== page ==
Through all the vendor shuffling and market machinations, one thing will remain constant in 2009: the continued assault from all kinds of malware and cybercrime activity.
VeriSign says critical infrastructure that's operated by Supervisory Control and Data Acquisition (SCADA) systems -- such as electrical power transmission facilities and gas pipelines -- will see increased attacks in 2009.
Sophos warns that a sharp increase in SQL injection attacks on Web sites and an increase in scareware products are on tap, while MessageLabs predicts that phishing attacks against users of social networking sites will become more sophisticated.
For its part, Cisco expects that in 2009, social engineering techniques will increase in number, vectors and sophistication. Insider threats will grow, as will security risks related to mobility, the vendor predicts.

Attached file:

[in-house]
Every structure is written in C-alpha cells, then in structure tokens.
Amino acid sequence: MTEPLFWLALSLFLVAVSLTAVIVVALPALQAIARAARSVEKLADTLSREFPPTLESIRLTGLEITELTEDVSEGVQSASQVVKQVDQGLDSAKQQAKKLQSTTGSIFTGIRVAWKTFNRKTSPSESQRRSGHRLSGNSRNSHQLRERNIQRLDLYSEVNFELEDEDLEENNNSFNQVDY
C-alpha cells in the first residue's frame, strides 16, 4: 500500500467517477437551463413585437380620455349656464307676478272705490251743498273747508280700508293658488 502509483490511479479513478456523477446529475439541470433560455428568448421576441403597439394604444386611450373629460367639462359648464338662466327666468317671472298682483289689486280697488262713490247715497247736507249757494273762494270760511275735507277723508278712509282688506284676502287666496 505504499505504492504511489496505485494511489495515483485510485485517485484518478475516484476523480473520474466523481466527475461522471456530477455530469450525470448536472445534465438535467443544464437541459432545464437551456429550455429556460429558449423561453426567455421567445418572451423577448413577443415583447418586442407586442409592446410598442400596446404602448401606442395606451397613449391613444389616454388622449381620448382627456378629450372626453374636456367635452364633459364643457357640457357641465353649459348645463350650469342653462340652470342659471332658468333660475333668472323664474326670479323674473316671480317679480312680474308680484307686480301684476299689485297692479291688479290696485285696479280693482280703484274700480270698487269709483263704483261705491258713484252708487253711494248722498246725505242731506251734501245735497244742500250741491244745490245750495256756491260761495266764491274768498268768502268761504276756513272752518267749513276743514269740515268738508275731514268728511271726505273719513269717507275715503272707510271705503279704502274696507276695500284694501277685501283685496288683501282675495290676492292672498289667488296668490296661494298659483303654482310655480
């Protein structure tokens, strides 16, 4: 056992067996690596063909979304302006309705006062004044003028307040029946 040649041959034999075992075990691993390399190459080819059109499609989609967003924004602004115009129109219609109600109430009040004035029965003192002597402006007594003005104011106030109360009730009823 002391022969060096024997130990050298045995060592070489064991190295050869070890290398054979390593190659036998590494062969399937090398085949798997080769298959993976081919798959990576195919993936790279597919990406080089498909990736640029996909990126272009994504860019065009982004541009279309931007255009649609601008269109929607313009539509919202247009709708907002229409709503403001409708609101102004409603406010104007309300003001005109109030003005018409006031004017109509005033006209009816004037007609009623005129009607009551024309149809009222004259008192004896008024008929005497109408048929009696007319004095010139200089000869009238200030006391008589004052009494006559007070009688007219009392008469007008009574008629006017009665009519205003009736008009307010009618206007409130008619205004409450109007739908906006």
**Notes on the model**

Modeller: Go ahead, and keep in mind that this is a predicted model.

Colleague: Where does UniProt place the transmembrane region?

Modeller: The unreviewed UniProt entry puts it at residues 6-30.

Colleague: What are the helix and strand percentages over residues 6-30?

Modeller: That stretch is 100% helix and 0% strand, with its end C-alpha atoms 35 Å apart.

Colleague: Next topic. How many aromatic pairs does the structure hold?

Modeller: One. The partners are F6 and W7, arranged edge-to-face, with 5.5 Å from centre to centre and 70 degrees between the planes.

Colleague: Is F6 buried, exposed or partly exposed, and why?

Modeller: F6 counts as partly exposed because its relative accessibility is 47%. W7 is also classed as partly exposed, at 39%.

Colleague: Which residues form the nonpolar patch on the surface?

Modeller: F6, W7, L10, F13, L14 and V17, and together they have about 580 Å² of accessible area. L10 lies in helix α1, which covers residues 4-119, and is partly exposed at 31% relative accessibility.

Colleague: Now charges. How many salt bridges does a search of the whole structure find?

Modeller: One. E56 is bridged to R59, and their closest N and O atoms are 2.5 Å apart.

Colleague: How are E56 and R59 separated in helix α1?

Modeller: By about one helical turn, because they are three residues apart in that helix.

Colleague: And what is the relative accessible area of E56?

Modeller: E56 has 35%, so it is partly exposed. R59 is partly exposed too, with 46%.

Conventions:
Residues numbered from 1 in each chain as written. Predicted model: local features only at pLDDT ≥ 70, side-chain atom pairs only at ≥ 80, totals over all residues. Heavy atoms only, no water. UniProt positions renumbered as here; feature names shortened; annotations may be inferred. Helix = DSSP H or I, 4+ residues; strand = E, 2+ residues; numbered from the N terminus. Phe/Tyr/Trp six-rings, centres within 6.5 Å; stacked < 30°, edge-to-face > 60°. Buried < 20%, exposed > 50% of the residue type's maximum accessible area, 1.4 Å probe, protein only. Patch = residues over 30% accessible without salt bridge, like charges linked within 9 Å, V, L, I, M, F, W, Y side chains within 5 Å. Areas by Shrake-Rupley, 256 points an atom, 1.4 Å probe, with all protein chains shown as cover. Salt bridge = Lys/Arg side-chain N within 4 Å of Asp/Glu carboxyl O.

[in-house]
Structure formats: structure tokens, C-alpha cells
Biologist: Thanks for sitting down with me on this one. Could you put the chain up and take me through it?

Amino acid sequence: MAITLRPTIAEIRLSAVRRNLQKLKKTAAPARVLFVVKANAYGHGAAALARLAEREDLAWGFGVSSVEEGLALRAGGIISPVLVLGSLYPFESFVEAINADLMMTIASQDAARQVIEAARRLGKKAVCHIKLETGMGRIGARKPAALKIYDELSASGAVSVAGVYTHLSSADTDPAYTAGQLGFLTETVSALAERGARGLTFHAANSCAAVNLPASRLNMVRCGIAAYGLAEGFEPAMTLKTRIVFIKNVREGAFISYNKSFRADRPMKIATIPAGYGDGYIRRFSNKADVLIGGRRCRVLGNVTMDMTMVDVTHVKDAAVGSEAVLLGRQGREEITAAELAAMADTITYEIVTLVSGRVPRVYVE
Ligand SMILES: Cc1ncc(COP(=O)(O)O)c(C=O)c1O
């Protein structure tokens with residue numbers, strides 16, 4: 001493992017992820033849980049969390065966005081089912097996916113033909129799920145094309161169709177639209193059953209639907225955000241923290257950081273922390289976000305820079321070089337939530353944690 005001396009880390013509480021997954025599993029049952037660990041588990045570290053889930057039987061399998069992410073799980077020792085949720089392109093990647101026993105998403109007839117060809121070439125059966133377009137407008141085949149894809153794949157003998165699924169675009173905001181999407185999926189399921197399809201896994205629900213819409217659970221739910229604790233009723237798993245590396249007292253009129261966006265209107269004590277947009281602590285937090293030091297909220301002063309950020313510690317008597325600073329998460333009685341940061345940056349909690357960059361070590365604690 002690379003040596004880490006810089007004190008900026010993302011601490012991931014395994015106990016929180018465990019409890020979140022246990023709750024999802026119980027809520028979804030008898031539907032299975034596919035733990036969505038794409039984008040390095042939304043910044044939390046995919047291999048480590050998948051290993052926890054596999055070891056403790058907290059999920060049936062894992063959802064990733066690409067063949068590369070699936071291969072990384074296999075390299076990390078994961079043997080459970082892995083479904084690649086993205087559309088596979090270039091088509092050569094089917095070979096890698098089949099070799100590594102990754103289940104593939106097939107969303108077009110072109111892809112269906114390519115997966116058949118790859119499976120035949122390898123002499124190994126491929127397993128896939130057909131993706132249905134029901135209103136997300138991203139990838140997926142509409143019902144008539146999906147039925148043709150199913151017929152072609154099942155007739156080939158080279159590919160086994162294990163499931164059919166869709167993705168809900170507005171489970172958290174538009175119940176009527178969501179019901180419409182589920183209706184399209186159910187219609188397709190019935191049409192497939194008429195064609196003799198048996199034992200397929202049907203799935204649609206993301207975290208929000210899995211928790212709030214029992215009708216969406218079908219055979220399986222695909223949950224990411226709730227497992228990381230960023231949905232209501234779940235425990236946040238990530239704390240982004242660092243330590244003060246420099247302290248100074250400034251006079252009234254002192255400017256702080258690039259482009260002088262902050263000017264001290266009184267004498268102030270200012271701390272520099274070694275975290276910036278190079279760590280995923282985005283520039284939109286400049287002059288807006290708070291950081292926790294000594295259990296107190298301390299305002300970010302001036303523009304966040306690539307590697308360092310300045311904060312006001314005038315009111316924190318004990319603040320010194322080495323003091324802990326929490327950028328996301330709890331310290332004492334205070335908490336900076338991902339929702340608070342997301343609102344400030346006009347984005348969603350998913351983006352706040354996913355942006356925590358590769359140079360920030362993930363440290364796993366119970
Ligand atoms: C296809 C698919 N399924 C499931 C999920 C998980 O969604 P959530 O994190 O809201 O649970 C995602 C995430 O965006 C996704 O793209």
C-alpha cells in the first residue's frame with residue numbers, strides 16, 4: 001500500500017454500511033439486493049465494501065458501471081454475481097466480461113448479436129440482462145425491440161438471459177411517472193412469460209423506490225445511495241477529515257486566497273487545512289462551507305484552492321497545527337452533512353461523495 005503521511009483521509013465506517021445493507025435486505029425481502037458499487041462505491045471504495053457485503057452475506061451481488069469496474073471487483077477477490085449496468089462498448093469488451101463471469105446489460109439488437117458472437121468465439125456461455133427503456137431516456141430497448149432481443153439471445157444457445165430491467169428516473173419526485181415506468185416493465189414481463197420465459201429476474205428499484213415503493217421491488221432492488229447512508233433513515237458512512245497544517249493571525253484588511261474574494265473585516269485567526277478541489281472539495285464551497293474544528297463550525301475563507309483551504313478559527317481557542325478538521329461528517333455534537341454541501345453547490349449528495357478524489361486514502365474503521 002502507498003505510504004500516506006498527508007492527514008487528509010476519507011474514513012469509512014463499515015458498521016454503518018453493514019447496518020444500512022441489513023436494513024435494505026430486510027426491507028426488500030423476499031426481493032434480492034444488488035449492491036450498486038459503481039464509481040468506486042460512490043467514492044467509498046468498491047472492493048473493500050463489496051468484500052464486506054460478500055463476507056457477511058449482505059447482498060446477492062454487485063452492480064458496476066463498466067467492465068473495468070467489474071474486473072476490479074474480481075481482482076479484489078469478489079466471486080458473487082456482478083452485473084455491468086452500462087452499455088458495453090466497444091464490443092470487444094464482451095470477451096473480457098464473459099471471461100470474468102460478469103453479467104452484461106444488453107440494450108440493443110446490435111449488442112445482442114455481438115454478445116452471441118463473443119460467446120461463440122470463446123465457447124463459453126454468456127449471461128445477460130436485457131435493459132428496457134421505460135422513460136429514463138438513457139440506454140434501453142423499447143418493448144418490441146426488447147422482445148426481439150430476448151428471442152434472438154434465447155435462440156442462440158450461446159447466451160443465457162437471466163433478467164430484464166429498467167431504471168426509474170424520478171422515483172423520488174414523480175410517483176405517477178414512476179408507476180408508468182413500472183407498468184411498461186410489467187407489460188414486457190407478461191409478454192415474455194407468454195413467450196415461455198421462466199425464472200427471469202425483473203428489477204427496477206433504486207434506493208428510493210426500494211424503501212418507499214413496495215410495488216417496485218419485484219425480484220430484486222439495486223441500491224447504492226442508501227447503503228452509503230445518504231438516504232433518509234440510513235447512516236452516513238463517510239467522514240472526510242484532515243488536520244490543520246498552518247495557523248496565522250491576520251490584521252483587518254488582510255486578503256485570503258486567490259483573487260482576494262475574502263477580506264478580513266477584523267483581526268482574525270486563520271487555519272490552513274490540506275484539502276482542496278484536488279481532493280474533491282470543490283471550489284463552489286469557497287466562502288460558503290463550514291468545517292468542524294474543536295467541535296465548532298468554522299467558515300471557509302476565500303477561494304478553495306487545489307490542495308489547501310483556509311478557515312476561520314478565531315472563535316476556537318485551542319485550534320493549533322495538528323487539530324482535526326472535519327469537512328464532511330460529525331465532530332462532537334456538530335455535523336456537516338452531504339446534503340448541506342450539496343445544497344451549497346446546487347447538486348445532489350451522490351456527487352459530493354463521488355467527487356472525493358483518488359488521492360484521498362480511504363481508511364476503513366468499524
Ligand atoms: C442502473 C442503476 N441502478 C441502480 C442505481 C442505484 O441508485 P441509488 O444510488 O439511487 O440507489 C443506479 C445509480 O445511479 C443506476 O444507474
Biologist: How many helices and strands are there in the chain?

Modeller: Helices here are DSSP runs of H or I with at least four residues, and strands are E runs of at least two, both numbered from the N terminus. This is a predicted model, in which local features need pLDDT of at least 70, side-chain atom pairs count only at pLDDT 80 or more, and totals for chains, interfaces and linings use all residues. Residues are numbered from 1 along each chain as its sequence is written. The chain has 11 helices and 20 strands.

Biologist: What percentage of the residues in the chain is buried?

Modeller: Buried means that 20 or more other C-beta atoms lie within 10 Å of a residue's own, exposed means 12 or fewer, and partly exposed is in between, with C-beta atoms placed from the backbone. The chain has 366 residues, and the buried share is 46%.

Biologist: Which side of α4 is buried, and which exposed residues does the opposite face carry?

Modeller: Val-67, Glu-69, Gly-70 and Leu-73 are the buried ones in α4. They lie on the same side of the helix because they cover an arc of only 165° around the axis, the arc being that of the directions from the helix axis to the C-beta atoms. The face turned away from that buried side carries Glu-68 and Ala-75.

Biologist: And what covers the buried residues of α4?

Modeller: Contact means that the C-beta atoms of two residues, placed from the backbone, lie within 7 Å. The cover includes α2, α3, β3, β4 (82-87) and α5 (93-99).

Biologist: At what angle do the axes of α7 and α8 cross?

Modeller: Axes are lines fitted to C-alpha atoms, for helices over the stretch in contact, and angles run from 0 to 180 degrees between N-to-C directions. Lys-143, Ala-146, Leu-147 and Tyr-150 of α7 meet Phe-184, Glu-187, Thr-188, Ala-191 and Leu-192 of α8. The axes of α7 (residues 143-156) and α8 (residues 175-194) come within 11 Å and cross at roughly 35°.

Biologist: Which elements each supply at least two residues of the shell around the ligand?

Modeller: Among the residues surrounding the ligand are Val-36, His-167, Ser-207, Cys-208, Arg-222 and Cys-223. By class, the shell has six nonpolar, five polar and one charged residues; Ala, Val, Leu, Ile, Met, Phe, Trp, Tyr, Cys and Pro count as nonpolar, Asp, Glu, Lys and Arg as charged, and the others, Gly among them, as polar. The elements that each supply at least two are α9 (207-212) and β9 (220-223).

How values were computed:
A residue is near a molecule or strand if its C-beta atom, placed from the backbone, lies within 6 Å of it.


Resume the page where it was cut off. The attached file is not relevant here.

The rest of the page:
Within the enterprise, Network World columnist Andreas Antonopoulos predicts that host-based security will become the focus for 2009. "The imminent release of Windows 7 and the continued interest in Mac OS and Linux as alternative desktops are once again focusing attention on operating-system and endpoint security," he says.
While security projects will struggle for funding in 2009, the pressure for businesses to stay compliant with a raft of new regulatory requirements could provide the funding excuse enterprises IT pros need. "Use compliance to push through budget requests on everything," Antonopoulos suggests. "It's 2007 all over again!"